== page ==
Costs, Medical Services Use High for Pulmonary Patients

Use of spirometry to diagnose chronic obstructive pulmonary disease varies by region

WEDNESDAY, July 16 (HealthDay News) -- Patients with chronic obstructive pulmonary disease (COPD) alone or with asthma use more medical services and incur higher costs than patients with asthma alone, according to the results of a study in the July issue of Chest. A related study in the same issue found that the use of spirometry to diagnose COPD varies greatly among regions in the United States.

Fadia T. Shaya, Ph.D., from the University of Maryland in Baltimore, and colleagues examined the use of medical services for 3,072 asthma patients, 3,455 COPD patients, and 2,604 patients with both conditions, where all patients were 40 to 64 years old and received Medicaid insurance. They found that patients with both COPD and asthma used the most services. Patients with COPD alone or with asthma were more likely to use physician and inpatient services, were less likely to use outpatient services, and incurred more costs for total medical services than patients with asthma alone.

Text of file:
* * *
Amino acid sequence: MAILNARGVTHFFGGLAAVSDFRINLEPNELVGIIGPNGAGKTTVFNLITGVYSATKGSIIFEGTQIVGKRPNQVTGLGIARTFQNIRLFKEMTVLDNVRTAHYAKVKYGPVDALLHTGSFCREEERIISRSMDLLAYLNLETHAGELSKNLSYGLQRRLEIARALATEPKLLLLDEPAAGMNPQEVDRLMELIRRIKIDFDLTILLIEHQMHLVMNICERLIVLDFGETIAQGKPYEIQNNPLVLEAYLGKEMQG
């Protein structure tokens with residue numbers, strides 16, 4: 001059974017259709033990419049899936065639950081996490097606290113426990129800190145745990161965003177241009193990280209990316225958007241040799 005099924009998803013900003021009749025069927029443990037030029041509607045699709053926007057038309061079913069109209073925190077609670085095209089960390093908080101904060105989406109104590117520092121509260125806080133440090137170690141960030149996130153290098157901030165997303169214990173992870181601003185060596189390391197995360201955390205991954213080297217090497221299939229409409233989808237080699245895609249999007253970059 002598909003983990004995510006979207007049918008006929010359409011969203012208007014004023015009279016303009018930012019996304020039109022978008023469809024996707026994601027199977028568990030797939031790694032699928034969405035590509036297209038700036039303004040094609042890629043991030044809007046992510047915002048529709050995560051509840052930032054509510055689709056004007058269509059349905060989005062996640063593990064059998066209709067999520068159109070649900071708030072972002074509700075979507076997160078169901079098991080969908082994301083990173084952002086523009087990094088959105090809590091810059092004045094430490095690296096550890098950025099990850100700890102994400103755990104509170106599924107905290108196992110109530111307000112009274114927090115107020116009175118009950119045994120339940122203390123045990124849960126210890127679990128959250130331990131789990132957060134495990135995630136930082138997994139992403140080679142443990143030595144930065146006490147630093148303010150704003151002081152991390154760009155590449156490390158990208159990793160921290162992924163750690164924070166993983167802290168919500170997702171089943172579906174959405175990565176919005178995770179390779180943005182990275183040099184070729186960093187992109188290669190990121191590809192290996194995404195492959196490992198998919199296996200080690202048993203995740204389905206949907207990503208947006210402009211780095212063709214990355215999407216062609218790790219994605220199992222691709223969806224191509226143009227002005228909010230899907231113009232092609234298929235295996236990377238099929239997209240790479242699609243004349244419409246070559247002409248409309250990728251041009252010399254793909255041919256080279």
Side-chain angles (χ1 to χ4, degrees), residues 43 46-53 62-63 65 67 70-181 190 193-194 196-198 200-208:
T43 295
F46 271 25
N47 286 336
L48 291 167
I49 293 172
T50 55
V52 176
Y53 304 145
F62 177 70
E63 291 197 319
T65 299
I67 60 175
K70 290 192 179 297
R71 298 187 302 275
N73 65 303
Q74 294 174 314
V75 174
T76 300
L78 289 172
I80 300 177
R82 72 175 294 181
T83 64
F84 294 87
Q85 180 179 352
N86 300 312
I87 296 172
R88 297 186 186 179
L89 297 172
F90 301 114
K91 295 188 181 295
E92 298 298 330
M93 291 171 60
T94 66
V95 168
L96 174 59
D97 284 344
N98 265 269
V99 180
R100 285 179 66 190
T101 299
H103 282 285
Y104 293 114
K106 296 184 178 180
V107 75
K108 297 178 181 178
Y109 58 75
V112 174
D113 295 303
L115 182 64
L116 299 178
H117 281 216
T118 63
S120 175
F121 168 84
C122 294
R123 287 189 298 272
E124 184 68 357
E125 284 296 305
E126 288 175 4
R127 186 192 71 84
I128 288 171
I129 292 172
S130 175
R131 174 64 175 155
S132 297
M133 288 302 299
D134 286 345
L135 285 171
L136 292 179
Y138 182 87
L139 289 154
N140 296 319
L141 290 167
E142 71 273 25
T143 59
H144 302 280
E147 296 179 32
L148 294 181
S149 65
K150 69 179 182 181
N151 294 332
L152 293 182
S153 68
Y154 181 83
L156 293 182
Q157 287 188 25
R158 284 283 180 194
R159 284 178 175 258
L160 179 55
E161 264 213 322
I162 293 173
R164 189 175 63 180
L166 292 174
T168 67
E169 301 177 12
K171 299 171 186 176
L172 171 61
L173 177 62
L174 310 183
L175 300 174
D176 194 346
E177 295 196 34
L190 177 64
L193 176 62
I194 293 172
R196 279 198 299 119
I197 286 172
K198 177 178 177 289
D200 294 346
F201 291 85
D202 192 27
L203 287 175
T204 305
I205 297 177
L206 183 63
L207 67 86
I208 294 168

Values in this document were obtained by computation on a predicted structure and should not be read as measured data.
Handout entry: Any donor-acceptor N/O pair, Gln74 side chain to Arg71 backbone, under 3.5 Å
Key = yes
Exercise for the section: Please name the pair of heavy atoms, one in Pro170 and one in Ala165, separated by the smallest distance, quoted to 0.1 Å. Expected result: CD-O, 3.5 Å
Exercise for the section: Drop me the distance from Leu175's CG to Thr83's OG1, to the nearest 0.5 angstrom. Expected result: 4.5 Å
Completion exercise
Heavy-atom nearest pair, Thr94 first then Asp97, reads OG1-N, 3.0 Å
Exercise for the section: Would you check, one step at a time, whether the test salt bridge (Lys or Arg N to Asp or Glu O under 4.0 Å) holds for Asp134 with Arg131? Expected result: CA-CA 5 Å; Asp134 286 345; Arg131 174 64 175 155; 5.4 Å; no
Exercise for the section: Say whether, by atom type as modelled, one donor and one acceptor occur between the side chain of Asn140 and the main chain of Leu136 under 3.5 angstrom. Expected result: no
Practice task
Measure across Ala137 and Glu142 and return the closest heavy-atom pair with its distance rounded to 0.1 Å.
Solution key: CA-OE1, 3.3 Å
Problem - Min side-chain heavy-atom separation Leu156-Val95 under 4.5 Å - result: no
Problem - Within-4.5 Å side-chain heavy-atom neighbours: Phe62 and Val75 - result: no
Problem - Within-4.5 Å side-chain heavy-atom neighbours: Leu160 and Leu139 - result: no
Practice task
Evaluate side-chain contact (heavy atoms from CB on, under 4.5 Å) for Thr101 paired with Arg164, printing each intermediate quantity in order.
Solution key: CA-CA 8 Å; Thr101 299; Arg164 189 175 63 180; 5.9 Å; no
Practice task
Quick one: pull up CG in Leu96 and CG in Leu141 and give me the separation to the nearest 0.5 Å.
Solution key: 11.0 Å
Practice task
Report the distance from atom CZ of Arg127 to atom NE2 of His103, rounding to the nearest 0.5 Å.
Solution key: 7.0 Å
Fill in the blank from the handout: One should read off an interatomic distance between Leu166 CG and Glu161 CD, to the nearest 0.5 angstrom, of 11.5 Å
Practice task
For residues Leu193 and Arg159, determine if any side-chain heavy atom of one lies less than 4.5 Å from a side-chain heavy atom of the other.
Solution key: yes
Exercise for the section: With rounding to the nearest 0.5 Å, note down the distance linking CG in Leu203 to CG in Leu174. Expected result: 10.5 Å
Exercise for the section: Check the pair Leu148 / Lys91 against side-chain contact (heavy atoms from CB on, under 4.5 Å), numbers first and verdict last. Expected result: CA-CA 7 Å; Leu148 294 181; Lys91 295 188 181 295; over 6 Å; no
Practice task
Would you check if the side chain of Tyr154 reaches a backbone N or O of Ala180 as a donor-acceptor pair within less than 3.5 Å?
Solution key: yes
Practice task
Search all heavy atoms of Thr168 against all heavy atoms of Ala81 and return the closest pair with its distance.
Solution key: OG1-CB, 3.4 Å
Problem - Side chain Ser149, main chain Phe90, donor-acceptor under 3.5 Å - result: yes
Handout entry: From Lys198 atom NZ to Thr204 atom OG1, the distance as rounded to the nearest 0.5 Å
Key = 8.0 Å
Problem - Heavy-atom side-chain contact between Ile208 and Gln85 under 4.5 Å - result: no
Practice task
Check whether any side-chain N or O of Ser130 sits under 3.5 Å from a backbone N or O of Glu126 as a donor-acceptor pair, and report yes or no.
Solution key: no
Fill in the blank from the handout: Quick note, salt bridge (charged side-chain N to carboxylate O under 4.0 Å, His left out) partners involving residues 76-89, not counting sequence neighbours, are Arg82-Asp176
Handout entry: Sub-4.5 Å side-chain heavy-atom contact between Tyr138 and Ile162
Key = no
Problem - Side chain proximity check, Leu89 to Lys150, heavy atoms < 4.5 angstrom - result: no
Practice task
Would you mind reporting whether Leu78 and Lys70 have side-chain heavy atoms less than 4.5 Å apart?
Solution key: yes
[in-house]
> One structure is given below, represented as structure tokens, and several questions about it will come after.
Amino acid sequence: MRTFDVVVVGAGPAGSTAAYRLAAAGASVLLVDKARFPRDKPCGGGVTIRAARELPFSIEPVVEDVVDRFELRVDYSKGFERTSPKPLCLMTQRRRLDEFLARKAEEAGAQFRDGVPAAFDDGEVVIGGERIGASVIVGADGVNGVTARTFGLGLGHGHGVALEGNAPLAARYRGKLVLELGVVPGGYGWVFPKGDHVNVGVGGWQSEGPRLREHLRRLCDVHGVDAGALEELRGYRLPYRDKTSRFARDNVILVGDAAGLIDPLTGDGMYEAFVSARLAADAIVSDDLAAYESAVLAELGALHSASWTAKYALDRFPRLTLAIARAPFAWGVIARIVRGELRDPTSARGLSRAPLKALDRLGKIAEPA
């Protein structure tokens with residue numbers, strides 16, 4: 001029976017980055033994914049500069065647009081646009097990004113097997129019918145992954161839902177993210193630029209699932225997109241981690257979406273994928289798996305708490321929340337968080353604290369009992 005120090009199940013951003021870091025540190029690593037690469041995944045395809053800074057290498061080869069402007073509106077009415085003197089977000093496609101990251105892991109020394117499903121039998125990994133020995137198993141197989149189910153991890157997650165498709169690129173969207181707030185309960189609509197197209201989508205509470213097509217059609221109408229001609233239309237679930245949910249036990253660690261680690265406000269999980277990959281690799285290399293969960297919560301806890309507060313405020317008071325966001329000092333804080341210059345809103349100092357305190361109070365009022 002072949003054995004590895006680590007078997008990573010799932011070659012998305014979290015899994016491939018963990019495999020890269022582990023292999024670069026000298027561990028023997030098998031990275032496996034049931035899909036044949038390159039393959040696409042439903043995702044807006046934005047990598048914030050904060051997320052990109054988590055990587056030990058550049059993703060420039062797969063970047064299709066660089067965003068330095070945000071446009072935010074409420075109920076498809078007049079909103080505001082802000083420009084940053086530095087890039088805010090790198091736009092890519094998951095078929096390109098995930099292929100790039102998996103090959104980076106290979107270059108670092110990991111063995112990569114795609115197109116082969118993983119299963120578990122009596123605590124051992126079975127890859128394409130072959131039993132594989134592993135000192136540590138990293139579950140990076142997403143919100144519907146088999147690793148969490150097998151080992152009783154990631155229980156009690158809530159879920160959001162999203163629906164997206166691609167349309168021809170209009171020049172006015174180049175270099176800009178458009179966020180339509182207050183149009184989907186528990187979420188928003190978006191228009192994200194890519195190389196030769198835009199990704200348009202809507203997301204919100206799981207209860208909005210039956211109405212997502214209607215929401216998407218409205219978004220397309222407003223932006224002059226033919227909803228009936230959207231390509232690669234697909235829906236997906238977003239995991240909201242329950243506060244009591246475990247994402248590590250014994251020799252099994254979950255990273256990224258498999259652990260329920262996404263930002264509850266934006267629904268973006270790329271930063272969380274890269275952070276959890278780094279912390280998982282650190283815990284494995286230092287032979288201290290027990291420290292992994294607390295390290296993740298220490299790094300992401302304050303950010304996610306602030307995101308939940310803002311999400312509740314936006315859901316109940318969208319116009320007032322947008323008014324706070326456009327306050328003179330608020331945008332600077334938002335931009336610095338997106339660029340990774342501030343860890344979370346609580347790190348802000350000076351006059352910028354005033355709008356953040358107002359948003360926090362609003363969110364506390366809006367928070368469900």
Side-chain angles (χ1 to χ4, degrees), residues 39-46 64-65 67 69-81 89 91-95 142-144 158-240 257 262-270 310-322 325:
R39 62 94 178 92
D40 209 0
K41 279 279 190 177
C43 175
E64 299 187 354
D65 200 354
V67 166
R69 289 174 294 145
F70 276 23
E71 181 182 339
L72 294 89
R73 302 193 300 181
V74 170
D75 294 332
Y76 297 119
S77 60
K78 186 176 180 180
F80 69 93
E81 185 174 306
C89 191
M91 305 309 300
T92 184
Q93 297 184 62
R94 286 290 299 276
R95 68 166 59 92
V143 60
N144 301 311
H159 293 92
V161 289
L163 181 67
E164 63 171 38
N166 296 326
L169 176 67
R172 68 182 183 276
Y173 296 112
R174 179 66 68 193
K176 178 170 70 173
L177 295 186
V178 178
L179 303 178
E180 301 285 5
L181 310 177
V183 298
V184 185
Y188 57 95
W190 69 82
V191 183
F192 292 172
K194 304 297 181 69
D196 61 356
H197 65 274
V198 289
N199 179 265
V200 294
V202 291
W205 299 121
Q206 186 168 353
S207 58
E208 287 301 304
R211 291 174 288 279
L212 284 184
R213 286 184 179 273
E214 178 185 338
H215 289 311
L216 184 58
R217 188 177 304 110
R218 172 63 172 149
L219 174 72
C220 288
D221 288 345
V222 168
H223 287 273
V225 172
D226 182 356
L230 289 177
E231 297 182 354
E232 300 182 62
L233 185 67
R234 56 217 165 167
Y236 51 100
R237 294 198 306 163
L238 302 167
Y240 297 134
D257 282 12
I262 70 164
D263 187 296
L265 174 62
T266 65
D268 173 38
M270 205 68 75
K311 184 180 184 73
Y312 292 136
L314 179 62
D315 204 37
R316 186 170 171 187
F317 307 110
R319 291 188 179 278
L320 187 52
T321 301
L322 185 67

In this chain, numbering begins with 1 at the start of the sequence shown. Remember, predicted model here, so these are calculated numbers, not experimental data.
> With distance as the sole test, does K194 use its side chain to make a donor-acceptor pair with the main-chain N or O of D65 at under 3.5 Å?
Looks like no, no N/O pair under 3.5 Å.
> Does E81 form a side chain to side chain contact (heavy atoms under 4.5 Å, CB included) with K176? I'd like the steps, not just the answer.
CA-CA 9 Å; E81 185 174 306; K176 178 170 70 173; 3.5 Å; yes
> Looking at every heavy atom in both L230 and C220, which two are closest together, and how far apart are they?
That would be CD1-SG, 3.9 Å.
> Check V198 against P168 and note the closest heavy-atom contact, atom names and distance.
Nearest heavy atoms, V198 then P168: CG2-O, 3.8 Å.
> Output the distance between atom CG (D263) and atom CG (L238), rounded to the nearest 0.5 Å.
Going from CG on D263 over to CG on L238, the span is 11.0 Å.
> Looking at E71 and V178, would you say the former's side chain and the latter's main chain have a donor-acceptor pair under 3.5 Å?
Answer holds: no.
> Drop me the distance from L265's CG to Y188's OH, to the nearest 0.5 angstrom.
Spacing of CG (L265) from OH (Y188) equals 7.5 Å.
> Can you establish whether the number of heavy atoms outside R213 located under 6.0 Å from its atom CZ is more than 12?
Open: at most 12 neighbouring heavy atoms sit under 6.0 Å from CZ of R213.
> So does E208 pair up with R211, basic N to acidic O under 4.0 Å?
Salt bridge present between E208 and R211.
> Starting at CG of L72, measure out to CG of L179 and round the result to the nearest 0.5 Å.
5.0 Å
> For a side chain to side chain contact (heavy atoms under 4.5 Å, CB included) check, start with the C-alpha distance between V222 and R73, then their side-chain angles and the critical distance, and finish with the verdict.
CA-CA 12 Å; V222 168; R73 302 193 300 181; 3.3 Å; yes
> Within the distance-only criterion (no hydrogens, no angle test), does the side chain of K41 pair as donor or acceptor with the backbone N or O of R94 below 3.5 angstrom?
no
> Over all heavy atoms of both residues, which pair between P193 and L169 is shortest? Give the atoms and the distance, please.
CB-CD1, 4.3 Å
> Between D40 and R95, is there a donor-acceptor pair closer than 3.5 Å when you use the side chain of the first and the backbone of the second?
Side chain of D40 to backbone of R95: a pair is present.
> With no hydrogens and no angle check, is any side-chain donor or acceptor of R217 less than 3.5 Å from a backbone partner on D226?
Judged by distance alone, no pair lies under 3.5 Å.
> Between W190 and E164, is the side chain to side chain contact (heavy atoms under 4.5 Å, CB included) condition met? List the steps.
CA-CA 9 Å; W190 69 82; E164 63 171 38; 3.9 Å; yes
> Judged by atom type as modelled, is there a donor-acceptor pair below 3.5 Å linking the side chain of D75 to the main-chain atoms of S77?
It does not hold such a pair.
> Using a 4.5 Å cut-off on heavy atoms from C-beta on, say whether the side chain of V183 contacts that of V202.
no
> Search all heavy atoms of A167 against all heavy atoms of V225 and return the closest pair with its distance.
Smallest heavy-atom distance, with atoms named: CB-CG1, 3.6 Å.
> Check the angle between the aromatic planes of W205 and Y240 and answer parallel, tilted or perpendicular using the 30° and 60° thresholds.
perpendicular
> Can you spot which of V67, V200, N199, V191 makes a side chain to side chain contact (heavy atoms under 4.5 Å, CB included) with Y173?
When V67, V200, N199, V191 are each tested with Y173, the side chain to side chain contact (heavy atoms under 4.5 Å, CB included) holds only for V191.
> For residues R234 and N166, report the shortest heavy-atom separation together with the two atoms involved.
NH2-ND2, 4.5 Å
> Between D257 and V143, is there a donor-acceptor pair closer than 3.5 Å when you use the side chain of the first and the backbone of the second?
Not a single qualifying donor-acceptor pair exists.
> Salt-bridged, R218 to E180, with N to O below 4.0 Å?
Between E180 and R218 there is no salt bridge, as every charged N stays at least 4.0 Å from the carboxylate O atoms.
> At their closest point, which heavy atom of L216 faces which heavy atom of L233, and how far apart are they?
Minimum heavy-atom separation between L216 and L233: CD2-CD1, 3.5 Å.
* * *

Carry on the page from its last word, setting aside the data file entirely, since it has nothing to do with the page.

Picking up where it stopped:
In the second study, Min J. Joo, M.D., and colleagues from Hines VA Hospital in Hines, Ill., assessed regional patterns of spirometry use in diagnosing COPD among 93,724 veterans over 42 years old, where spirometry use occurred 760 days prior to diagnosis or 180 days after diagnosis. They found that 36.7 percent of patients underwent spirometry, with a more than threefold variation in usage likelihood among regions (adjusted odds ratio varying from 0.52 to 1.61 for lowest versus highest use regions).

"Overall, the use of spirometry in patients with newly diagnosed COPD was low using the new HEDIS spirometry measure with a significant regional variation comprising a more than threefold difference between the regions with the lowest and highest rates of spirometry use," the authors conclude.

The first study was funded by GlaxoSmithKline.

Abstract - Shaya
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Abstract - Joo
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